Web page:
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Walnut Creek Magazine

High Fives for The Big 4

Sep 17, 2019 09:54AM ● By Fran Miller

BY FRAN ENDICOTT MILLER

Like an Hermès Kelly handbag or a Burberry trench coat, San Francisco’s The Big 4 is a classic – and as any trendsetter or trend follower knows, classics never go out of style. A Nob Hill mainstay since 1976, The Big 4 is and always has been a favorite spot of local luminaries, visiting dignitaries, and those in-the-know. These regulars recognize that no matter how shiny and appealing the city’s newest en vogue restaurant, The Big 4 is always poised to welcome with classic cocktails and a traditional, clubby San Francisco vibe.


Named in honor of San Francisco’s original entrepreneurial foursome - C.P. Huntington, Leland Stanford, Mark Hopkins and Charles Crocker – The Big 4 serves as a haven and a cultural antidote to the city’s inevitable changes. Within its mahogany paneled walls, history is captured in historical photographs and in $2 million worth of turn of the 19th century memorabilia. (Tip for history buffs: ask to be seated within waiter Ron Henggeler’s section. The 24-year employee of the restaurant can describe each and every item on display.) It’s this sense of timelessness that is so remarkably appealing. Step through the door at the corner of California and Taylor Streets and the sound of live piano music fills the urbane, dimly lit space. From 5pm to 10pm nightly, patrons are treated to a range of songs, from Great American Songbook standards to current hits. There are no pounding EDM beats here; a civilized decibel level – thanks in large part to low ceilings, textile covered floors and walls, and white clothed tables – allows for easy conversation.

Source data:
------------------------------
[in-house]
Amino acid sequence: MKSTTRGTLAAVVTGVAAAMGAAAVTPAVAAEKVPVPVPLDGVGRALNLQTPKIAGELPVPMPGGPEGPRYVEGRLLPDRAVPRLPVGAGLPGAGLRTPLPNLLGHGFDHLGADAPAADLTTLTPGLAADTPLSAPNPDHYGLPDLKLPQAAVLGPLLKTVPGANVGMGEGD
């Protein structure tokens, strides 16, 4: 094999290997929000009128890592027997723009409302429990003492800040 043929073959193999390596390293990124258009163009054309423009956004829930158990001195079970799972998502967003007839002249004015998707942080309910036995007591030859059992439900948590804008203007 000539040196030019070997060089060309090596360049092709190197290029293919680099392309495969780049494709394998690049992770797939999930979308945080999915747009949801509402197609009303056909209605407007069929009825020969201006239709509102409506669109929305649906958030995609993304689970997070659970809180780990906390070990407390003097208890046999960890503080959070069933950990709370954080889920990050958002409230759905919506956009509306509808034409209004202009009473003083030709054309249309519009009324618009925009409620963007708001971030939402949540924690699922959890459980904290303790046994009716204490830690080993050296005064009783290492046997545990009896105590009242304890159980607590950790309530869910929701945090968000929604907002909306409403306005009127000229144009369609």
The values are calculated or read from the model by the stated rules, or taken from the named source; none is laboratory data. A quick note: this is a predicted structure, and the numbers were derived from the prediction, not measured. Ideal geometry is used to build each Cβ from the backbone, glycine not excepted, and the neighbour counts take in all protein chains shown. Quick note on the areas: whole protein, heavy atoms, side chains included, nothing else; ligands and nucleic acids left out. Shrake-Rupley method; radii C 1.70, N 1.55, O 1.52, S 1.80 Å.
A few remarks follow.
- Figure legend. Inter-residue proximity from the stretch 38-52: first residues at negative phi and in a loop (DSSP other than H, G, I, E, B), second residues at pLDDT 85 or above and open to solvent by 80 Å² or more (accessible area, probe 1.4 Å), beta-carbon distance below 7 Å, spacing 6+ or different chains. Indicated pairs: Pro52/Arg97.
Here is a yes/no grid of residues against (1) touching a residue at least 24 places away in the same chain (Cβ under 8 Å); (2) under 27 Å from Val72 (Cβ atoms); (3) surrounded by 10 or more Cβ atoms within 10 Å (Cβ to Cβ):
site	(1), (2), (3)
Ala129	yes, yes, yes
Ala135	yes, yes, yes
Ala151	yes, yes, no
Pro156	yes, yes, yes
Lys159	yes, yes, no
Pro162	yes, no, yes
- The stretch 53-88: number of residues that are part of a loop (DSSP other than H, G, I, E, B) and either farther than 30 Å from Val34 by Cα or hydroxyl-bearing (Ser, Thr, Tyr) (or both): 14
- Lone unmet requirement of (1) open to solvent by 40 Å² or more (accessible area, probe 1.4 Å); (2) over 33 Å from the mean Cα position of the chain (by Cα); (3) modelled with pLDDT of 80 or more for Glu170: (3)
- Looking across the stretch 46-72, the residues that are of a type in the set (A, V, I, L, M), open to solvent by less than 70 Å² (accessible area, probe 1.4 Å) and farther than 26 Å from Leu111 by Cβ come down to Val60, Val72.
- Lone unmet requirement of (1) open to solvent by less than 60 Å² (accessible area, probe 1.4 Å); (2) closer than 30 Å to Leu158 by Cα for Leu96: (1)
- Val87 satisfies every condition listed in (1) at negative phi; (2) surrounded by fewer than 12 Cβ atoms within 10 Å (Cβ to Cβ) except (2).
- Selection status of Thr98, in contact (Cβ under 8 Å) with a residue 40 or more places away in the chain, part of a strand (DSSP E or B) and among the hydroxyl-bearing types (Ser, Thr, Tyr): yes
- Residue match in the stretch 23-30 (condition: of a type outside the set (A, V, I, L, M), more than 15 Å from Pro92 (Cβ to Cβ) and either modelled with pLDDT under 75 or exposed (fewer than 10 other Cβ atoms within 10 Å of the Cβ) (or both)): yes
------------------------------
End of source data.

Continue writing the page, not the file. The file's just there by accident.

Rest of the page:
And though it’s this mannerly hospitality that serves as The Big 4’s calling card, the fresh flowers on every table and classic hunter green leather banquettes would never be enough to keep the crowds coming for the past 40+ years. A great restaurant has to satiate both the psyche and the stomach – and The Big 4 delivers on all counts. From martinis, to Manhattans, to a great selection of wines, thirst is well-quenched. And while you won’t find on the dinner menu the derivation of every tomato and piece of beef, Executive Chef Spencer Wolff sources the same seasonal and local ingredients as those utilized by trendier spots in town. His contemporary comfort food dishes require no grandstanding. A sampling: herb roasted Mary’s chicken breast served over smoked farro risotto with grilled sweet corn, a classic chicken pot pie with sweet vermouth veloute, and a 8 oz. filet mignon with Bernaise. A former acolyte of famed steakhouse guru Charlie Palmer, Wolff knows beef, and this filet is one of the best you’ll find anywhere. 

Wolff is also a certified sommelier, and he will gladly recommend the perfect wine to compliment each of his dishes, such as a Langlois-Chateau Sancerre paired with the halibut special, a Chappelet Cabernet Blend with the filet, or a J Chardonnay with the chicken. 

“My philosophy is to emphasize seasonality, local sourcing, a bit of whimsy with a focus on flavors,” said Wolff. “The storied histories of the Nob Hill neighborhood and The Big 4 are exciting in their own right. The opportunity to create fascinating twists on classic dishes, paired with fine wines that celebrate our California heritage is a blessing.”

East Bay Travelers Tip: For an effortless evening out, take Bart to Powell Street, walk up Powell to Nob Hill, and take a left on California. Linger in beautiful Huntington Park – directly across the street from the restaurant -  pre or post dinner, and reflect on San Francisco’s transcendent energy, and how fortunate it is that spots like The Big 4 remain.  

1075 California St., San Francisco